Pennsylvania has a history of innovation and forward-thinking ideas. It was the first state to put its website URL on its license plate. It’s home of the first baseball stadium, built in 1909. The first automobile service station went up in Pittsburgh in 1913. And, in 1946 Philadelphia became home to the first computer. The state is not quite leading the charge on solar the way it has in so many other fields. But it’s not far behind either.
Pennsylvania offers home and business owners as well as non-profits and government properties incentives and rebates for installing alternative energy, including photovoltaics, solar thermal, wind turbines and geothermal systems. In 2008, the state fueled its renewable energy program when Gov. Ed Rendell (D) signed a law creating the commonwealth’s $650 million Alternative Energy Investment Fund. This legislation broadly increased funding for projects of all sizes and included an additional $16 million Alternative Fuels Investment Fund. Large sums are reserved to help home and property owners invest in energy efficiency – $237.5 million. And the state invests another $428.4 million in developing alternative energy and creating green jobs.
A fair amount of that money – $100 million – directly benefits homeowners and small businesses through the Pennsylvania Sunshine Solar Program, which provides rebates to help subsidize the cost of installing PV arrays and solar thermal systems. What’s great about the programs is that they’re not mutually exclusive, so if you get a state grant or low-interest-rate loan to help you renovate your building for energy efficiency, you can still qualify for the solar rebate program. All state incentives are offered on a first-come-first serve basis, and the programs are incredibly popular. Some funding is drying up years in advance of expectations.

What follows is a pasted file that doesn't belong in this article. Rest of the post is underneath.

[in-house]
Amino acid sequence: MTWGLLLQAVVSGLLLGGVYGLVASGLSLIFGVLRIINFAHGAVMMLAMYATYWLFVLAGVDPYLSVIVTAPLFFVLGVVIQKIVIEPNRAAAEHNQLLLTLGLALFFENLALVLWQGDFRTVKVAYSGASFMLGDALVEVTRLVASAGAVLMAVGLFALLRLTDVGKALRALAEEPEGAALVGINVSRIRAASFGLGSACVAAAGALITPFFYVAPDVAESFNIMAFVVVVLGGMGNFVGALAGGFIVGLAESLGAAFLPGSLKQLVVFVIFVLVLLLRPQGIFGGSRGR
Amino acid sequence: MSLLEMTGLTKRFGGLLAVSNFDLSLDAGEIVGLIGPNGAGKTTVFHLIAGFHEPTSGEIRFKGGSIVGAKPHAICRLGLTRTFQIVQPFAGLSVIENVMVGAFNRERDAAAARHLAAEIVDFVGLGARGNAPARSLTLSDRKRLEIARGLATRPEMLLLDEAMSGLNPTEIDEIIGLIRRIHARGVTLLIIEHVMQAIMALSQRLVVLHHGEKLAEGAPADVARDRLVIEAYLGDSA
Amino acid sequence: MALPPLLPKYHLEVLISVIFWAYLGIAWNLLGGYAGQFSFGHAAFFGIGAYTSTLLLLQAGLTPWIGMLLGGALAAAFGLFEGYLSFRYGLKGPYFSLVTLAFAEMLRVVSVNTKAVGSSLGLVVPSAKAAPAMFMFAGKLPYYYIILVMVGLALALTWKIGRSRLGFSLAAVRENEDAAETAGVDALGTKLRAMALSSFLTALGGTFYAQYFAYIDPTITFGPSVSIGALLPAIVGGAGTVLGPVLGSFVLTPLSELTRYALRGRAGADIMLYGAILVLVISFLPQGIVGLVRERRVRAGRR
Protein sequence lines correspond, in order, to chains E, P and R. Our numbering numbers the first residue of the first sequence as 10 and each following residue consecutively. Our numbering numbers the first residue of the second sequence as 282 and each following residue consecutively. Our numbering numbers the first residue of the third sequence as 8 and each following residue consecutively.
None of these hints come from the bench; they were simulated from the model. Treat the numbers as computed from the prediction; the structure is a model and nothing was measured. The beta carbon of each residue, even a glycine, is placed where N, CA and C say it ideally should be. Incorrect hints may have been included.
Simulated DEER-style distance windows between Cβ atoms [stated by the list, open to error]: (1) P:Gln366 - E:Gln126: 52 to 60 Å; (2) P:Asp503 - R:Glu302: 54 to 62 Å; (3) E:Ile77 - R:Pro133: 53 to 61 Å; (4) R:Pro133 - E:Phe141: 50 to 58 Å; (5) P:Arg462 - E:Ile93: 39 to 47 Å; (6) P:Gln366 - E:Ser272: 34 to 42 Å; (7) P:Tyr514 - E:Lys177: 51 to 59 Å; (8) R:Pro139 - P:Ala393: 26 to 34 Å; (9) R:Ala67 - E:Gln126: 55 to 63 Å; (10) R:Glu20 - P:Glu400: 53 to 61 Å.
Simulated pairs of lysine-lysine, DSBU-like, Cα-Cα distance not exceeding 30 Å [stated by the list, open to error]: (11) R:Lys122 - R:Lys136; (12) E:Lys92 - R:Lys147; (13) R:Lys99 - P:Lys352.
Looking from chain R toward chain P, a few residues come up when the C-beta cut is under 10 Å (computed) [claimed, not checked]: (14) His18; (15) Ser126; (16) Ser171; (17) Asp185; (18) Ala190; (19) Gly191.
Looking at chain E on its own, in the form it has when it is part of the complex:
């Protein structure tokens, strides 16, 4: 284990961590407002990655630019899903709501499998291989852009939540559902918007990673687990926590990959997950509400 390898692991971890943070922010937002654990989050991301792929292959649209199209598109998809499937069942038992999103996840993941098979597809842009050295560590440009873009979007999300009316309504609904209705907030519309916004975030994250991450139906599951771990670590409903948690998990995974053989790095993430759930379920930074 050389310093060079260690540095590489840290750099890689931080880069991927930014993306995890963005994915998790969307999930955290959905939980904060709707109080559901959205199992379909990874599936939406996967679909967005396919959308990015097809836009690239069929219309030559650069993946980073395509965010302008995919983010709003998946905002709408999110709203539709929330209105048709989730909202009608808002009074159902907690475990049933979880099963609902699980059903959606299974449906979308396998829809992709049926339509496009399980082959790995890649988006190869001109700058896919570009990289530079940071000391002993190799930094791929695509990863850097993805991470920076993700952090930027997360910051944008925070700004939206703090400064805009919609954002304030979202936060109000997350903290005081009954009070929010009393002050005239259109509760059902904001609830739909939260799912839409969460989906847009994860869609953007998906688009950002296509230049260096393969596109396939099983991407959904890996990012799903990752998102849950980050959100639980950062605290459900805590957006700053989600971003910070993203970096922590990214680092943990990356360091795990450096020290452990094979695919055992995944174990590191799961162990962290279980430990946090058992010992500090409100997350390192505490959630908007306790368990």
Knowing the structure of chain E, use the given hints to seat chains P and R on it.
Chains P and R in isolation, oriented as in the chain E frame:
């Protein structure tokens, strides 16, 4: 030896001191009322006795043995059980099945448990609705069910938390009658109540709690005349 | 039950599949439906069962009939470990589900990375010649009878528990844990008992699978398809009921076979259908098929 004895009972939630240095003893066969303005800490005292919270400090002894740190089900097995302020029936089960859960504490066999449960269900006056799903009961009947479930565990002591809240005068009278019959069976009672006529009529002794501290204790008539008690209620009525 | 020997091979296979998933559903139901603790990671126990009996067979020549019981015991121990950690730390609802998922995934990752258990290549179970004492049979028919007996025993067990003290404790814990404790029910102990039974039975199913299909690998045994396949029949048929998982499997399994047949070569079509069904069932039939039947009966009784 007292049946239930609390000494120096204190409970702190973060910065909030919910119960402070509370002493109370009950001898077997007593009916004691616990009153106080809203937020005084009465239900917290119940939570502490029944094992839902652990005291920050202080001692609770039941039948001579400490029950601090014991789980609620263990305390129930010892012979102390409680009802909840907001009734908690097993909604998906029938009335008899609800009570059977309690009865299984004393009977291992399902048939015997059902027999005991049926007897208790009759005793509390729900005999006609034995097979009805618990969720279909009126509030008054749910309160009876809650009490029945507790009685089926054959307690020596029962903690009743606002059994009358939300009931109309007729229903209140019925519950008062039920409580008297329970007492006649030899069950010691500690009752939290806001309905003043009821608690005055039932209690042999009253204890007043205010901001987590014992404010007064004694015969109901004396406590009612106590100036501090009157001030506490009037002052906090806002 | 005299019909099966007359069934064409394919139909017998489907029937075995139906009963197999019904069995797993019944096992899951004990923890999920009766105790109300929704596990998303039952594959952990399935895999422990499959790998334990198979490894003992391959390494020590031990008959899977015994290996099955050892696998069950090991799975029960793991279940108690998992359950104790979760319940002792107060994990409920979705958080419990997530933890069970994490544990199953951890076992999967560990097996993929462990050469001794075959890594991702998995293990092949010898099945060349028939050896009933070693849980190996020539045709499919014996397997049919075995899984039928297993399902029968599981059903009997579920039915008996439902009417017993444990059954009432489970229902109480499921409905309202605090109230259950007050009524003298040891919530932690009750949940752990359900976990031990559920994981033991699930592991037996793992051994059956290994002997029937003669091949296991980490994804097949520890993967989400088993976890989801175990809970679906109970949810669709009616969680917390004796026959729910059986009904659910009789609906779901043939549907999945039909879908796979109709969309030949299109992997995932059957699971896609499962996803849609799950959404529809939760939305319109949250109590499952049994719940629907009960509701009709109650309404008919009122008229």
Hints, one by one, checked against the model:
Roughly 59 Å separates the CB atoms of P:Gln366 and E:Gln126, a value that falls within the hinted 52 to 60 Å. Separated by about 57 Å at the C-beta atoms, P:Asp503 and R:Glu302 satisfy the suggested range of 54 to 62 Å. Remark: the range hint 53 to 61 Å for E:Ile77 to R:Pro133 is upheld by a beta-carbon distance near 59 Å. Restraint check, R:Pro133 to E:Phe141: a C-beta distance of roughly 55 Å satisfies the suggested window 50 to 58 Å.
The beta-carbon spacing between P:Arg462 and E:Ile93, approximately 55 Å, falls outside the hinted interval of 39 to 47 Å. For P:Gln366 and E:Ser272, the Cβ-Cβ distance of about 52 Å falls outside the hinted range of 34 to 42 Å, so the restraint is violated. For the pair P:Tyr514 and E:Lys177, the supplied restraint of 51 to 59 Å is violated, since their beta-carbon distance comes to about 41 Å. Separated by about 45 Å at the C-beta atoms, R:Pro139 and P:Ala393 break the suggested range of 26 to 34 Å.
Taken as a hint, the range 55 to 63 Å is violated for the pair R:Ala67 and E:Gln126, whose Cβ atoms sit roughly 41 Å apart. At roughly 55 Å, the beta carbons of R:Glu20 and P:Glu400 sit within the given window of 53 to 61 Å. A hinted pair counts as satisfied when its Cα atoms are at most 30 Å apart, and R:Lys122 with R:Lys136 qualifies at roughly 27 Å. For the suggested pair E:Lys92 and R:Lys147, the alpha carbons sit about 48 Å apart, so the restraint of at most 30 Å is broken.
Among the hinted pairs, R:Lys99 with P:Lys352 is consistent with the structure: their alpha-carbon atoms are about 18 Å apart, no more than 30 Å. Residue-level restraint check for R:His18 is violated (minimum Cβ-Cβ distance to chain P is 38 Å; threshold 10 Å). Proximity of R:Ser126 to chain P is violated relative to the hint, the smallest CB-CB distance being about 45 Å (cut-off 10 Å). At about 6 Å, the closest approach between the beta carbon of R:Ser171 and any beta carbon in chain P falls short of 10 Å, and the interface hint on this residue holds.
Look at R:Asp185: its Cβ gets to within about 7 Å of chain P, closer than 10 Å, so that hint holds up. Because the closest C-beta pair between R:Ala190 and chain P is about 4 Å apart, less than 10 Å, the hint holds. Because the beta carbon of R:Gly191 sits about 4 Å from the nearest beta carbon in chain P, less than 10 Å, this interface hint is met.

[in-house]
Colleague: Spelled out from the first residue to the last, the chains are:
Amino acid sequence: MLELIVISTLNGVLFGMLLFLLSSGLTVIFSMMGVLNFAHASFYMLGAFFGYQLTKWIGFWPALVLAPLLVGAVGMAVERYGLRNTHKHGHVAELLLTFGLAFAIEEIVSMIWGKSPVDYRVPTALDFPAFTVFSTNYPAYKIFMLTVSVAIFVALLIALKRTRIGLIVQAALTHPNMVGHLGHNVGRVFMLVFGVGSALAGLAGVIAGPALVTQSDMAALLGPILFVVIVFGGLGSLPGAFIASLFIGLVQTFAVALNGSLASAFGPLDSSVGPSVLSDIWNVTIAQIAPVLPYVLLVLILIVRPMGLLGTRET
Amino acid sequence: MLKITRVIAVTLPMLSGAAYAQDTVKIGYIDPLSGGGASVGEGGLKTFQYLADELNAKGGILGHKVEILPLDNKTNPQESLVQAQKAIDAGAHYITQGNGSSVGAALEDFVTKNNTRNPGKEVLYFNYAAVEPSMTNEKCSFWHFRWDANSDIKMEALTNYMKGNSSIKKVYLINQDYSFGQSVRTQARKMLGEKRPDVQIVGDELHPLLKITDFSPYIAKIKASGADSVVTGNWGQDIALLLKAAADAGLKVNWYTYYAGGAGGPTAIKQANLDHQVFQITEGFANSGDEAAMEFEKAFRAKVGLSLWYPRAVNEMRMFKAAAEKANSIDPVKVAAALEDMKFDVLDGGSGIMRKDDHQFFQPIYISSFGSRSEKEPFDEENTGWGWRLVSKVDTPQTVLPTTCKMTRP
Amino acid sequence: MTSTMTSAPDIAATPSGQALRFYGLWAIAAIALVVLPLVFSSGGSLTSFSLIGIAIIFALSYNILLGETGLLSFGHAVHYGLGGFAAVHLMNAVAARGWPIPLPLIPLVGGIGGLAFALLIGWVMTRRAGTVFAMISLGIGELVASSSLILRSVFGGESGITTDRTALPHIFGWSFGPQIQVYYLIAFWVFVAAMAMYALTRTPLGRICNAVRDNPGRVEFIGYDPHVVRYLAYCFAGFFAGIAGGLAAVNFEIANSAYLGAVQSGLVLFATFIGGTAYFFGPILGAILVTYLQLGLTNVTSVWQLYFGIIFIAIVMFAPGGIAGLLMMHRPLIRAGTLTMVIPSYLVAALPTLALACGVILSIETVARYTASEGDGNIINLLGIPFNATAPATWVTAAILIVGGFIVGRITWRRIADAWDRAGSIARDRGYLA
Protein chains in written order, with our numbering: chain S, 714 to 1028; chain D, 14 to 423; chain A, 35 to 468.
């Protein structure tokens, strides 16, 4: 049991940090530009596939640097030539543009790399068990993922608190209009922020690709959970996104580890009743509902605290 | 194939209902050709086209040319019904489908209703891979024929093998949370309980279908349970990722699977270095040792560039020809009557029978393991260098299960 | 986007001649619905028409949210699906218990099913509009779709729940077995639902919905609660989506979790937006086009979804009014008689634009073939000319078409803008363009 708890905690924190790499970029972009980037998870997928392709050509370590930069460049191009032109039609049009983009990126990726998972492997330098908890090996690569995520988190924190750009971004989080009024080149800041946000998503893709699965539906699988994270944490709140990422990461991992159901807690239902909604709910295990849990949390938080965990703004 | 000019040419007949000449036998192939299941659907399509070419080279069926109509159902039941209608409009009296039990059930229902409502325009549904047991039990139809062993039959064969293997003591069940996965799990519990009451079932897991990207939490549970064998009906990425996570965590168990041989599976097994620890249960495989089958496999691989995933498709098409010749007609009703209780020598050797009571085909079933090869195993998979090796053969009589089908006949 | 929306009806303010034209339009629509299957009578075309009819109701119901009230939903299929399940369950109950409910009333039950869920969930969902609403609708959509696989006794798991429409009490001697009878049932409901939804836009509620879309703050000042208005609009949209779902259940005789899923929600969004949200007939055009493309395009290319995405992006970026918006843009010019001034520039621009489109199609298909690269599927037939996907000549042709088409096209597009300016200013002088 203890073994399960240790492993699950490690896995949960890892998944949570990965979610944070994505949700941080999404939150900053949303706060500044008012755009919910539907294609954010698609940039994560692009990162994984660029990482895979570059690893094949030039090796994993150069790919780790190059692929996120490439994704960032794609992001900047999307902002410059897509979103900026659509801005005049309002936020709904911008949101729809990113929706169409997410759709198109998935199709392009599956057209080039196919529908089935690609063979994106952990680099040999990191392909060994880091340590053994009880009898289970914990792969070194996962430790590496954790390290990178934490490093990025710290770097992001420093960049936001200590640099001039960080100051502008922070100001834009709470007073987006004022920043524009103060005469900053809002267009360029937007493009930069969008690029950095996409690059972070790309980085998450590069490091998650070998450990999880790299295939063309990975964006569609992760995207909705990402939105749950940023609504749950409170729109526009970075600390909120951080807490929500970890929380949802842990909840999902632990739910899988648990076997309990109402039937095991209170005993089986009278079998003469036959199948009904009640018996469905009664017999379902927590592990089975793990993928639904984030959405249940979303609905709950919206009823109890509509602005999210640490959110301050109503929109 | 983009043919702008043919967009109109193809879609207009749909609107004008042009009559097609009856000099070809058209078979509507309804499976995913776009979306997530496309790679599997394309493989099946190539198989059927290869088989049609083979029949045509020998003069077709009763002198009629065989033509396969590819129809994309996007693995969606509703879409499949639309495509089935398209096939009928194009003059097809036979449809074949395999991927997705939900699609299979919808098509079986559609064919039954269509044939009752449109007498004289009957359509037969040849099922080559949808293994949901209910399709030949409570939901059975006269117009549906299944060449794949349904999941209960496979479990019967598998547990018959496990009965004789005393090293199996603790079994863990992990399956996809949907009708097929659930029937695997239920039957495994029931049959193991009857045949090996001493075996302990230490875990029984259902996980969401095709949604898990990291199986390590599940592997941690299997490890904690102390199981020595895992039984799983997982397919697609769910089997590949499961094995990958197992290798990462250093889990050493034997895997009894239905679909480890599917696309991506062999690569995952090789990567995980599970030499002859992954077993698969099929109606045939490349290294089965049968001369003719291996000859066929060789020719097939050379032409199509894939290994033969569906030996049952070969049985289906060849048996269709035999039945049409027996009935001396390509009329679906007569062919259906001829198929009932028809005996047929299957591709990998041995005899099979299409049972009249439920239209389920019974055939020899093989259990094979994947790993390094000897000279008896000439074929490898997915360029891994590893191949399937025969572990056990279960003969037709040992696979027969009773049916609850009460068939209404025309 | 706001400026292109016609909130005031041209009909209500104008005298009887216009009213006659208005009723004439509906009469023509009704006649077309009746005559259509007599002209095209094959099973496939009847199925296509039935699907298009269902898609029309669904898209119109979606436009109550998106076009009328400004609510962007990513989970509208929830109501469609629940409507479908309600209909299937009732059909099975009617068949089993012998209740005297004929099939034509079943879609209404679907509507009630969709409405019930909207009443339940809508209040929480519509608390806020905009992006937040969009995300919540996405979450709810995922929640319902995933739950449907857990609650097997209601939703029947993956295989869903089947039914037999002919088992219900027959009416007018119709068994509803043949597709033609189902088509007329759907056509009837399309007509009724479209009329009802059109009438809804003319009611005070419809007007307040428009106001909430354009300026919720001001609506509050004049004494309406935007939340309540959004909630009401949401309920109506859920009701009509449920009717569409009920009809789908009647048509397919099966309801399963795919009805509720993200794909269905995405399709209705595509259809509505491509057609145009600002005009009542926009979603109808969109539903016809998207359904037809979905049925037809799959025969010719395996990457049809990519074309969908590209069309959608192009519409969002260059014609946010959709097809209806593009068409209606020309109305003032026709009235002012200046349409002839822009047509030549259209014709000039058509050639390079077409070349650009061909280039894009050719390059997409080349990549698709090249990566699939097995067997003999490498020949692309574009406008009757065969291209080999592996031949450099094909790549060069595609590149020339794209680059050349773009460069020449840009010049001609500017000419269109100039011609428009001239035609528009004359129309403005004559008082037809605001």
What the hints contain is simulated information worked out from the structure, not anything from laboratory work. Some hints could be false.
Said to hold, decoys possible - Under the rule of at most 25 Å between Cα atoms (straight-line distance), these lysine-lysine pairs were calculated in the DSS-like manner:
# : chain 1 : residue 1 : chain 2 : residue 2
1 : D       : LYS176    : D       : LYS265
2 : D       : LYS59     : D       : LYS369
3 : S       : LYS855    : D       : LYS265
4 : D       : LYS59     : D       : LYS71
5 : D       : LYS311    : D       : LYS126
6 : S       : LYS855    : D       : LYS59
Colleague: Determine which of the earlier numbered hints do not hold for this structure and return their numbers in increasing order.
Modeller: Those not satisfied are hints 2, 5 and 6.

Incentives are offered at the state and local level and by individual utility companies. Under different legislation, utilities in Pennsylvania are required to purchase power produced by independent solar and other renewable energy providers. The state also renewed its residential and business solar tax credit programs through Dec. 31, 2016. The program allows a 30 percent investment tax credit for each installed system.
Pennsylvania benefits from being centrally located in what is a hotbed of solar activity. Neighboring New Jersey, Maryland, and New York are currently three states in the top 10 for solar activity in the US. You will find many qualified solar installers working in most areas of the state that also work in these other states and vice versa.